When a performance run is ended, an optional context string can be provided that contains more details about the event. The context is provided by calling endRun(String context) rather than the no-argument endRun() method. This context information is only stored and reported in the case of performance failures. Performance statistics are not tracked separately for different contexts on the same statistics object. For example, the context for a part change event might be the kind of change and the name of the target part. Thus while all invocations of a particular part listener are aggregated into a single statistic, further details are available in the case of a particular invocation whose duration is longer than the threshold value specified in the debug options file.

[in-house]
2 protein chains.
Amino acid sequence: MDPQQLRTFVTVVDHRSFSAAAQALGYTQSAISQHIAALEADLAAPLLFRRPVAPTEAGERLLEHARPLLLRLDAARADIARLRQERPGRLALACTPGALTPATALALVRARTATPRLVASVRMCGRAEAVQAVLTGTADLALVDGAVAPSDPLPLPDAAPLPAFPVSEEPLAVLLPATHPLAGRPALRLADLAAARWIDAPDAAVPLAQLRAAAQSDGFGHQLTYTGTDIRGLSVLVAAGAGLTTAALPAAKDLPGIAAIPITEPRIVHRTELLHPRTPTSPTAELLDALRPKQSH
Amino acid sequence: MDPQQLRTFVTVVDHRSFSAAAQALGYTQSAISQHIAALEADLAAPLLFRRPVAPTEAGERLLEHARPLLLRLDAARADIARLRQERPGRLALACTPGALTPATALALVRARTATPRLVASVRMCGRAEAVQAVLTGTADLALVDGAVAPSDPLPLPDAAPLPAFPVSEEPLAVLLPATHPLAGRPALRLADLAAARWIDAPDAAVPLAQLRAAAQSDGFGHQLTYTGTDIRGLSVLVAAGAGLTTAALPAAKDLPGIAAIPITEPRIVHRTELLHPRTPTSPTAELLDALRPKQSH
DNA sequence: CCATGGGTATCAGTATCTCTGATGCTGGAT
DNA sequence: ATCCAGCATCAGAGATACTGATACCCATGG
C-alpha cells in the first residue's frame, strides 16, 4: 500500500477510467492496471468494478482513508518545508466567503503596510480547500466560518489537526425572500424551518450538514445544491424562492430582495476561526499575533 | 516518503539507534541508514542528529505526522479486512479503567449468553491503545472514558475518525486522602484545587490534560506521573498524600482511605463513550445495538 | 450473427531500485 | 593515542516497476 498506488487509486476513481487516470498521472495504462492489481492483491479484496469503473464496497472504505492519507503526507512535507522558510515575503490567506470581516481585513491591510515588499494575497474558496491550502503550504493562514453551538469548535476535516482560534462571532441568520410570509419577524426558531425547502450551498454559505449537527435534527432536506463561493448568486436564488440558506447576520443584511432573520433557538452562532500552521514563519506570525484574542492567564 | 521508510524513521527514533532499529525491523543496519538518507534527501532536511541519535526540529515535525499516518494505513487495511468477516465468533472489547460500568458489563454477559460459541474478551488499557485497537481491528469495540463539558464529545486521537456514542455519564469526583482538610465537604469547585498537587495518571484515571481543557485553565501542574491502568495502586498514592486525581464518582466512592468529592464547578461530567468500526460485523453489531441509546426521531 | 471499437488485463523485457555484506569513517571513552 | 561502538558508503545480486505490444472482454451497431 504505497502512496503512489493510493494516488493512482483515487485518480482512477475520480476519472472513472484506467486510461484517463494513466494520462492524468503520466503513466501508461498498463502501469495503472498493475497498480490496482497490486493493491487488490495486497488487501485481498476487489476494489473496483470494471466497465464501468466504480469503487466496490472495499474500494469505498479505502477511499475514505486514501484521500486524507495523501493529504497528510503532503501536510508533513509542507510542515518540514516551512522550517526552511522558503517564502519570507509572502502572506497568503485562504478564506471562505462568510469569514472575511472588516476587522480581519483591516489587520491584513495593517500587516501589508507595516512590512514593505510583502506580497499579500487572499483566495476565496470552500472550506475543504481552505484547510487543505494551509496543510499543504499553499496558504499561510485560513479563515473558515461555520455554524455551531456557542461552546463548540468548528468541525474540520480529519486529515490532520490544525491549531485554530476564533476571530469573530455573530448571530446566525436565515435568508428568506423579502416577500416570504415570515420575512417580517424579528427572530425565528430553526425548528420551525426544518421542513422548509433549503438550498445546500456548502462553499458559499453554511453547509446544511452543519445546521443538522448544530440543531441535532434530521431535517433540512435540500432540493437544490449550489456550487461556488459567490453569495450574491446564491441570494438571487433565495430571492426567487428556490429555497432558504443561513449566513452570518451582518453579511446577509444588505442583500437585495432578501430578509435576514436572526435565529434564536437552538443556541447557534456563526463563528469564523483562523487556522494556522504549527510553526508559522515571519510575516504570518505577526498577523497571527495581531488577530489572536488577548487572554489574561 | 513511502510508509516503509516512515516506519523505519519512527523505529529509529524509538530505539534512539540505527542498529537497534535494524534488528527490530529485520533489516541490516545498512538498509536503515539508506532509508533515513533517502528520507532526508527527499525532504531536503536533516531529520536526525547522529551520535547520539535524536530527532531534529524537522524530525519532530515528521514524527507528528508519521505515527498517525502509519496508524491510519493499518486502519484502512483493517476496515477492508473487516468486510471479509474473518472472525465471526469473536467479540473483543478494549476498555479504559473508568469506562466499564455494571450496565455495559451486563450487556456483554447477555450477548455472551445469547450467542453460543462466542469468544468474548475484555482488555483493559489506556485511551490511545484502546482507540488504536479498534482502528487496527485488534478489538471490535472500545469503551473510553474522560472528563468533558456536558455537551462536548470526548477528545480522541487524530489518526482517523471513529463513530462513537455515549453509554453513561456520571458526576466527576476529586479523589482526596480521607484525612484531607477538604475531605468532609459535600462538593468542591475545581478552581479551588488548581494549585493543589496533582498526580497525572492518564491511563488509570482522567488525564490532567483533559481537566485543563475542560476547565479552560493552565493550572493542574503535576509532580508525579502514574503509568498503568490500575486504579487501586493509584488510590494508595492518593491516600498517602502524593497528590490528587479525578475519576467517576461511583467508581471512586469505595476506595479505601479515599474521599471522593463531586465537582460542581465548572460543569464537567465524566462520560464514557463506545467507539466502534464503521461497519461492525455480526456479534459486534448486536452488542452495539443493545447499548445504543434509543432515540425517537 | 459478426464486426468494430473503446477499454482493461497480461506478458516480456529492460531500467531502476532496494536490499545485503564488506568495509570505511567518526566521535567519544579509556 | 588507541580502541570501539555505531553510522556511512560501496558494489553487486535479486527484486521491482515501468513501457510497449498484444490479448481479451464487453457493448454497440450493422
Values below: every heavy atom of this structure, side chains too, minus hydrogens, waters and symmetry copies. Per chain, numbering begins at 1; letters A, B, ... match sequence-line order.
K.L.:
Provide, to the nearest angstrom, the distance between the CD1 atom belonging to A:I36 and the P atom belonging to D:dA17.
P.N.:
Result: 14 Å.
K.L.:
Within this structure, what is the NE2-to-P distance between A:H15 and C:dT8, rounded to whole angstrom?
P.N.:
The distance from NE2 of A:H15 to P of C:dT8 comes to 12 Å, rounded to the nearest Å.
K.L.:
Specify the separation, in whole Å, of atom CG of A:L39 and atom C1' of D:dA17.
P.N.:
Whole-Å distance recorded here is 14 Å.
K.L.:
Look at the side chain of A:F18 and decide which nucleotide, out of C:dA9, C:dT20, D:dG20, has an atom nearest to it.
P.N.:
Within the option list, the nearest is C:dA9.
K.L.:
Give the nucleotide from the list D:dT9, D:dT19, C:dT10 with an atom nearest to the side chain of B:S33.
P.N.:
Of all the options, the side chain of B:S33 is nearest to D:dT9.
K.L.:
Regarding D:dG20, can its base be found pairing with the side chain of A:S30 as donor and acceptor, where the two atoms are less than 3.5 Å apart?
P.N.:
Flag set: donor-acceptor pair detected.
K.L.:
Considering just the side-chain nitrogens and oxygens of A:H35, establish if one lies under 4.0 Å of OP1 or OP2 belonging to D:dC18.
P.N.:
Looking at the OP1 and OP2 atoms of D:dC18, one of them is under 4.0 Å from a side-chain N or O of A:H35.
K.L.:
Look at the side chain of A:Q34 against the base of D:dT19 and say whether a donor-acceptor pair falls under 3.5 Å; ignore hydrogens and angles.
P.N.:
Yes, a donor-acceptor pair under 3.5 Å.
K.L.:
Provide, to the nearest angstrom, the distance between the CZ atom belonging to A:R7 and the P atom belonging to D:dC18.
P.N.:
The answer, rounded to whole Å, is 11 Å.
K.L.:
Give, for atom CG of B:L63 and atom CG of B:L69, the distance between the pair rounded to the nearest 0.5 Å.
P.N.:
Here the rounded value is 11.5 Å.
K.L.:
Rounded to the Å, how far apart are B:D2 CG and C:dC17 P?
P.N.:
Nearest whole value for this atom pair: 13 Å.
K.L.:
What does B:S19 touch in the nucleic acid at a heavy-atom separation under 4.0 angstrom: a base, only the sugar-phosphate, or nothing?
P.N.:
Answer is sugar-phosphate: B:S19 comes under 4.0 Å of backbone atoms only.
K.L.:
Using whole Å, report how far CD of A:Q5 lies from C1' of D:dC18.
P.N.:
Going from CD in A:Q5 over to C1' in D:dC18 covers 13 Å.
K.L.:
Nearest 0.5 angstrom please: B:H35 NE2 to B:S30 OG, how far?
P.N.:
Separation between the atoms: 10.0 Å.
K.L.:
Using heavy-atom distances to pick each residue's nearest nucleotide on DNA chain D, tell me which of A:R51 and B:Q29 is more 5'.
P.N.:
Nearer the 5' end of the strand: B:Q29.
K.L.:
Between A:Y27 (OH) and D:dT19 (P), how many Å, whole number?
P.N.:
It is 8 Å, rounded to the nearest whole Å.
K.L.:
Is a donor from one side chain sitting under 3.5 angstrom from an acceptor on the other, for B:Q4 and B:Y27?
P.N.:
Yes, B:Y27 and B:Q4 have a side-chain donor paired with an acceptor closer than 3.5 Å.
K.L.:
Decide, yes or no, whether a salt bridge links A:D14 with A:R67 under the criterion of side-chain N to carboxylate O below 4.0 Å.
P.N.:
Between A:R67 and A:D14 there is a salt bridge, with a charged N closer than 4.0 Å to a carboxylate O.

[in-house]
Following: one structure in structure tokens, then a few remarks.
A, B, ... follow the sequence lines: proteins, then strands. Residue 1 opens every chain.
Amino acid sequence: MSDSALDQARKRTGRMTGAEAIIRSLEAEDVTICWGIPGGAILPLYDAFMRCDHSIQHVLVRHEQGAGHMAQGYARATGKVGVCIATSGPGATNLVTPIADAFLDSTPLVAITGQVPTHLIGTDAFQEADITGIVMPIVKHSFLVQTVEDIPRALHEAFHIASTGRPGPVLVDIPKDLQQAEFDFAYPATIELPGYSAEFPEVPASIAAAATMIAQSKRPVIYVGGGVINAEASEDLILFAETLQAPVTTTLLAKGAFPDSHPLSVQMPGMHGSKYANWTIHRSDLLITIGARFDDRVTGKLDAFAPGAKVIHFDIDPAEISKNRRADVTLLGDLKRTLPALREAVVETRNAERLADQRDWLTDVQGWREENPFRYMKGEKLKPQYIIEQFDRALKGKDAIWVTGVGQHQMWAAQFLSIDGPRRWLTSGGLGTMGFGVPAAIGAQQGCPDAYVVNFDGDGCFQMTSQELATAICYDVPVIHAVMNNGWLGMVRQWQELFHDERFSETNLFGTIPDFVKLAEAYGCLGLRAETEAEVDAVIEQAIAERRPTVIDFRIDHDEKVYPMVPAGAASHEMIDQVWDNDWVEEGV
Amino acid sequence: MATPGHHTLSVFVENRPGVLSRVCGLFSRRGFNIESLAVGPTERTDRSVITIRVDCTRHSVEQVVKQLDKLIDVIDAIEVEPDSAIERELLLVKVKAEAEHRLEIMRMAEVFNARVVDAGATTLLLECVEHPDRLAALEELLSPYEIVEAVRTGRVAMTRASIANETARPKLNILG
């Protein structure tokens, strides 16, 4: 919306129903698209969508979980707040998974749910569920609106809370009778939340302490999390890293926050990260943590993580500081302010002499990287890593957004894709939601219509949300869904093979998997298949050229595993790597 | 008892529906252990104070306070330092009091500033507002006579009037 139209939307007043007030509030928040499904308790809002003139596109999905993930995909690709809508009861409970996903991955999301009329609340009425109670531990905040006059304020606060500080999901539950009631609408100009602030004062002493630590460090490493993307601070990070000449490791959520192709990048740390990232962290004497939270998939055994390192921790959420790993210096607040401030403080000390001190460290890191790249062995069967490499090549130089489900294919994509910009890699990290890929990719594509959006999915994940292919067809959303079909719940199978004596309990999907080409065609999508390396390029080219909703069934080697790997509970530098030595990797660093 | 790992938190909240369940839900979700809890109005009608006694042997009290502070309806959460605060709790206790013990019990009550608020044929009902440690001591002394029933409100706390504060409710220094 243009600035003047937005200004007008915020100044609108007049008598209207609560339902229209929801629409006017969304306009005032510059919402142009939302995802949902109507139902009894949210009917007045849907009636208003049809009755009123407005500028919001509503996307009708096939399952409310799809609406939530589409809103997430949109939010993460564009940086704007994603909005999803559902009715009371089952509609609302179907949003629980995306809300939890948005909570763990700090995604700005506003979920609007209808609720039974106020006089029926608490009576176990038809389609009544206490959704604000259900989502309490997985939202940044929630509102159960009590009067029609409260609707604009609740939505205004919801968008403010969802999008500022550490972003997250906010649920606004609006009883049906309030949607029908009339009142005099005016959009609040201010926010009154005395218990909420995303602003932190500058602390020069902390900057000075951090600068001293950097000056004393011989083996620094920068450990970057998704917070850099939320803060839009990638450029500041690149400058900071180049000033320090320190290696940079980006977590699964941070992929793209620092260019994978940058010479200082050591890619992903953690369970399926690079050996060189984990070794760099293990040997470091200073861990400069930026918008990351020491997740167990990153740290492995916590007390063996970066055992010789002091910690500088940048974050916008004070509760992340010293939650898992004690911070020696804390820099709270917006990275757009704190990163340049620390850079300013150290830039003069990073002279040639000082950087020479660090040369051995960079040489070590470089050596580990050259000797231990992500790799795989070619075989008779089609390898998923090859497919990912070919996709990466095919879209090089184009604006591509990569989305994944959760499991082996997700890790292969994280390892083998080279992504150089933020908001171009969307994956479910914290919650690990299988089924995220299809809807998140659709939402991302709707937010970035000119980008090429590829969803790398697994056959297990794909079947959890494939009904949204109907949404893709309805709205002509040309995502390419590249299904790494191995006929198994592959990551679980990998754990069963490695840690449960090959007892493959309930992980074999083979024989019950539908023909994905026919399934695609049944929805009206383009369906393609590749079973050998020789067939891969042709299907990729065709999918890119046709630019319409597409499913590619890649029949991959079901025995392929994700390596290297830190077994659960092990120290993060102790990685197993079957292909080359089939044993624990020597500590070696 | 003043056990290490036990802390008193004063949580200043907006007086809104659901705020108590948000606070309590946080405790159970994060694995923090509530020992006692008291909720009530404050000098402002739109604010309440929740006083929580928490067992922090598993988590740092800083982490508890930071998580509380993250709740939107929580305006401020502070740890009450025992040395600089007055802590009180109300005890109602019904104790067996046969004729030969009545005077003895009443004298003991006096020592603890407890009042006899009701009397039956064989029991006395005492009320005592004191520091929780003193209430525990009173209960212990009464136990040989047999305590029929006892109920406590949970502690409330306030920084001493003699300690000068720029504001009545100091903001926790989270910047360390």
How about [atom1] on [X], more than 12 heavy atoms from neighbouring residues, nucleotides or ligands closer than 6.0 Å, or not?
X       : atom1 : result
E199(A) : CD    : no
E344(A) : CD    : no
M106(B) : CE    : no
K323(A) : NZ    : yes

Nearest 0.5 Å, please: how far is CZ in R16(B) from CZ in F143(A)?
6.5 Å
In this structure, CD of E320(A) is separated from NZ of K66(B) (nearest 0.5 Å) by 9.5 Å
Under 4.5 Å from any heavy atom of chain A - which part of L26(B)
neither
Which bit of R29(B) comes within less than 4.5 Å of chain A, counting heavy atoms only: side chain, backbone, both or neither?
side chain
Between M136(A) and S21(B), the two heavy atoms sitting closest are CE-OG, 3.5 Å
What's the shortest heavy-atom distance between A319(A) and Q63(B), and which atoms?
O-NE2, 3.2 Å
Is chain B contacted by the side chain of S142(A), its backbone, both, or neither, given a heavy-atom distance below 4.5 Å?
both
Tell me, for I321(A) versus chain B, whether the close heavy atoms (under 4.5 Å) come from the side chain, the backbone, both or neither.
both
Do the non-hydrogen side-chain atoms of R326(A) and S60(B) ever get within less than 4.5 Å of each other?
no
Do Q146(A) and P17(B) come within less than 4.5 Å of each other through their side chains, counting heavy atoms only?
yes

Performance failures are written to a log file, performance.log in the metadata area. This log is found in the same directory as the error log (.log). The performance log has the same format as the error log, so it can be viewed in the PDE error log view by selecting "Import Log" from the tool bar:

The "Plug-in" column in the log view will show what plugin is responsible for the performance failure, computed based on the blame object provided to the performance stats API. Double-clicking on a performance failure in the log view will show a stack trace of the execution state at the time of the failure.

If you want to take some other action when performance failures occur, you can register a PerformanceListener with PerformanceStats that will be notified when performance events occur. Performance listeners are notified periodically in a separate thread, to ensure they don't affect the performance of the event being measured. Thus you can use a listener to write performance data to a file or database without fear of slowing anything else down.